8/2016 NOTE:The SOAK keeper is currently out of production.
Every bowman has struggled with a spinnaker halyard flapping around all over the place and getting stuck behind (or in front) of the spreaders. Fortunately over the years people smarter than myself have devised several great ways to secure that pesky spin halyard from getting out of control and keeping it ready for that next windward mark spinnaker set.
All three spinnaker halyard keeper options we are about to show you work better (and are less polluting) than the standard white rigging tape many bow guys use. My personal favorite is the APS Velcro Halyard Keeper for most boats but the Soak Halyard Clip also work really well.
The upside of the APS Velcro Halyard Keeper is that you can put it in a locked position so you can really snug up the halyard. This is great for boats that launch from a forward hatch, where you don’t want the spinnaker halyard to swing around behind the spreaders while sailing and potentially get stuck between the back of the spreaders and the mainsail when you bear off to round the mark. The downside is that you’ll need to remember to “un-lock” the halyard close to (or at) the windward mark.
The Soak Halyard Clip works for lines all the way up to 3/8” in diameter. I find it works particularly well with smaller diameters and especially well with stripped halyards. Inexpensive and light weight, it makes a great option for many boats from Lightnings all the way to J/105s.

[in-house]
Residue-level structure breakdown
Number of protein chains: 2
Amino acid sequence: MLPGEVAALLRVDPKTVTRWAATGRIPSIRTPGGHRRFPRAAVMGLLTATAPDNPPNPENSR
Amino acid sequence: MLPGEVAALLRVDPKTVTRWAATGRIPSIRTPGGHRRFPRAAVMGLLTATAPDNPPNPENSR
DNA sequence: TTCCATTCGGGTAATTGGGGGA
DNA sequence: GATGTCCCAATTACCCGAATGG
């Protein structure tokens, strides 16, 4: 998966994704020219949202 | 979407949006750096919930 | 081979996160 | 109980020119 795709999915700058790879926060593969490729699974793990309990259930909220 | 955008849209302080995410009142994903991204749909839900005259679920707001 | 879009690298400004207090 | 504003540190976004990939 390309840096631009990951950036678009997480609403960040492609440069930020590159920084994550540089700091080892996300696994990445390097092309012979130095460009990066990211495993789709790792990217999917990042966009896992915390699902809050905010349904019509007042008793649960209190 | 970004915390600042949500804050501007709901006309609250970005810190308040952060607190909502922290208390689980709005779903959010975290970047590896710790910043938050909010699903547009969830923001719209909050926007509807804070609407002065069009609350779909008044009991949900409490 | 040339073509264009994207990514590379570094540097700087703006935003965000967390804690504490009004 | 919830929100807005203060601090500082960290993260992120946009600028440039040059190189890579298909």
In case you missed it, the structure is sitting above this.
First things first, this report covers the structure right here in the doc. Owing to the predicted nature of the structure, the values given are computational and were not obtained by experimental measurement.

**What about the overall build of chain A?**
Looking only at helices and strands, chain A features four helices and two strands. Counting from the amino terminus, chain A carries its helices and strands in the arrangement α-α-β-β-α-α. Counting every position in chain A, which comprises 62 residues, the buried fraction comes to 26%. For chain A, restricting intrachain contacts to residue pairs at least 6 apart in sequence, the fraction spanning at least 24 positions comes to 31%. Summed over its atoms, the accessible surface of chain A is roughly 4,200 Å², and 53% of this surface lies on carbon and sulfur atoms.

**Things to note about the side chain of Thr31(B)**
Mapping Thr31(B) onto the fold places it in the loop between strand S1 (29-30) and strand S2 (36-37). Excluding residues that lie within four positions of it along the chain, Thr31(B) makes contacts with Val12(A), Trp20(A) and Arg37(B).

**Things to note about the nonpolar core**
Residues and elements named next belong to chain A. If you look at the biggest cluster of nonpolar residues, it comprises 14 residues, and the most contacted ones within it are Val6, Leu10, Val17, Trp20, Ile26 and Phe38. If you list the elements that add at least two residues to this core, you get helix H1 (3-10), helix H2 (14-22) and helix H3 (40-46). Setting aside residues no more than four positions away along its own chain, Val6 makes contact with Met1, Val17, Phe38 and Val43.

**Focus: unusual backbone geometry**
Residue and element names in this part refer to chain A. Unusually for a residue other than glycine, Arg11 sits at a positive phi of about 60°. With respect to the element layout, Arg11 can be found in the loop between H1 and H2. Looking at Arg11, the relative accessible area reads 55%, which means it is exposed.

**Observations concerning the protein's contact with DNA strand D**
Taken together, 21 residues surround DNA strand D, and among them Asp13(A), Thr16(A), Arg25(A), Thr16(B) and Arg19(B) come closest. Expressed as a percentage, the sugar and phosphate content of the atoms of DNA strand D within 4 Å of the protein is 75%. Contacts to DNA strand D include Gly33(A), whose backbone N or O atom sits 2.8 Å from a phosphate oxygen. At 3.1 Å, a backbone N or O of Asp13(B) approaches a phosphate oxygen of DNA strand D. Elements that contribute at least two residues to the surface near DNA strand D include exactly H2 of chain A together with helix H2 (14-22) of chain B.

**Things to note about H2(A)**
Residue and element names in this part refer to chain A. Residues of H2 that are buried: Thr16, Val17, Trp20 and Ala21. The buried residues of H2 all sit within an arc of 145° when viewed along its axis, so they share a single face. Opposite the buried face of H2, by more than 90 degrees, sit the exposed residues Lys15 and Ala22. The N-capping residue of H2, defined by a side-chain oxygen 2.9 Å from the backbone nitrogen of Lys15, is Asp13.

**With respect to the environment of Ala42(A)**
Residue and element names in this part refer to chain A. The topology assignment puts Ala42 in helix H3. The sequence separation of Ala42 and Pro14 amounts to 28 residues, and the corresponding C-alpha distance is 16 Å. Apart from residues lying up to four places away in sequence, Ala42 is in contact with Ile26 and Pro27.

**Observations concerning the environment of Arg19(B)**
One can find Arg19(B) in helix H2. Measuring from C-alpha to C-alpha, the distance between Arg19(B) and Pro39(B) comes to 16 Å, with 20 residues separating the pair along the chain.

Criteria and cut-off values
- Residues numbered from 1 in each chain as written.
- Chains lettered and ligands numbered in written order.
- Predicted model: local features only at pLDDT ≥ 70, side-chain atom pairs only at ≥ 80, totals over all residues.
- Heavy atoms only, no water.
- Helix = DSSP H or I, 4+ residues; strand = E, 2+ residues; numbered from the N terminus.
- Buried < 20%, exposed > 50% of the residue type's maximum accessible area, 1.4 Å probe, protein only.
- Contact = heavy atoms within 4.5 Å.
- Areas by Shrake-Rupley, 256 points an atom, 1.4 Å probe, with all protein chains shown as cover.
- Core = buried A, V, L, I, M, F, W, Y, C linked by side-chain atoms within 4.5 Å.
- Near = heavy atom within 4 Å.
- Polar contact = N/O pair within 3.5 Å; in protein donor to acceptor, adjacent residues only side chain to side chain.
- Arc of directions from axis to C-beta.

Lastly is the Ronstan Fixed Bail Snap Shackle. You can rig it in one of two ways. I prefer to use the fixed bail version shackle to prevent the shackle from swiveling inadvertently. Many people tie the bail to the boat but I prefer to tie the pull ring to the boat.
If you tie the pull ring to the boat, the idea is that when you’re going to hoist and pull on the halyard the shackle will open. But if you’re looking for a permanent hold, you can lash it to the bail to the boat. You’ll need to remember to undo it before the windward mark and unlike the Velcro (where you might be able to break the “locked” Velcro) you’re unlikely to ever pull hard enough to open a shackle.
There are pros and cons to each approach so depends on you to decide which fits your needs best.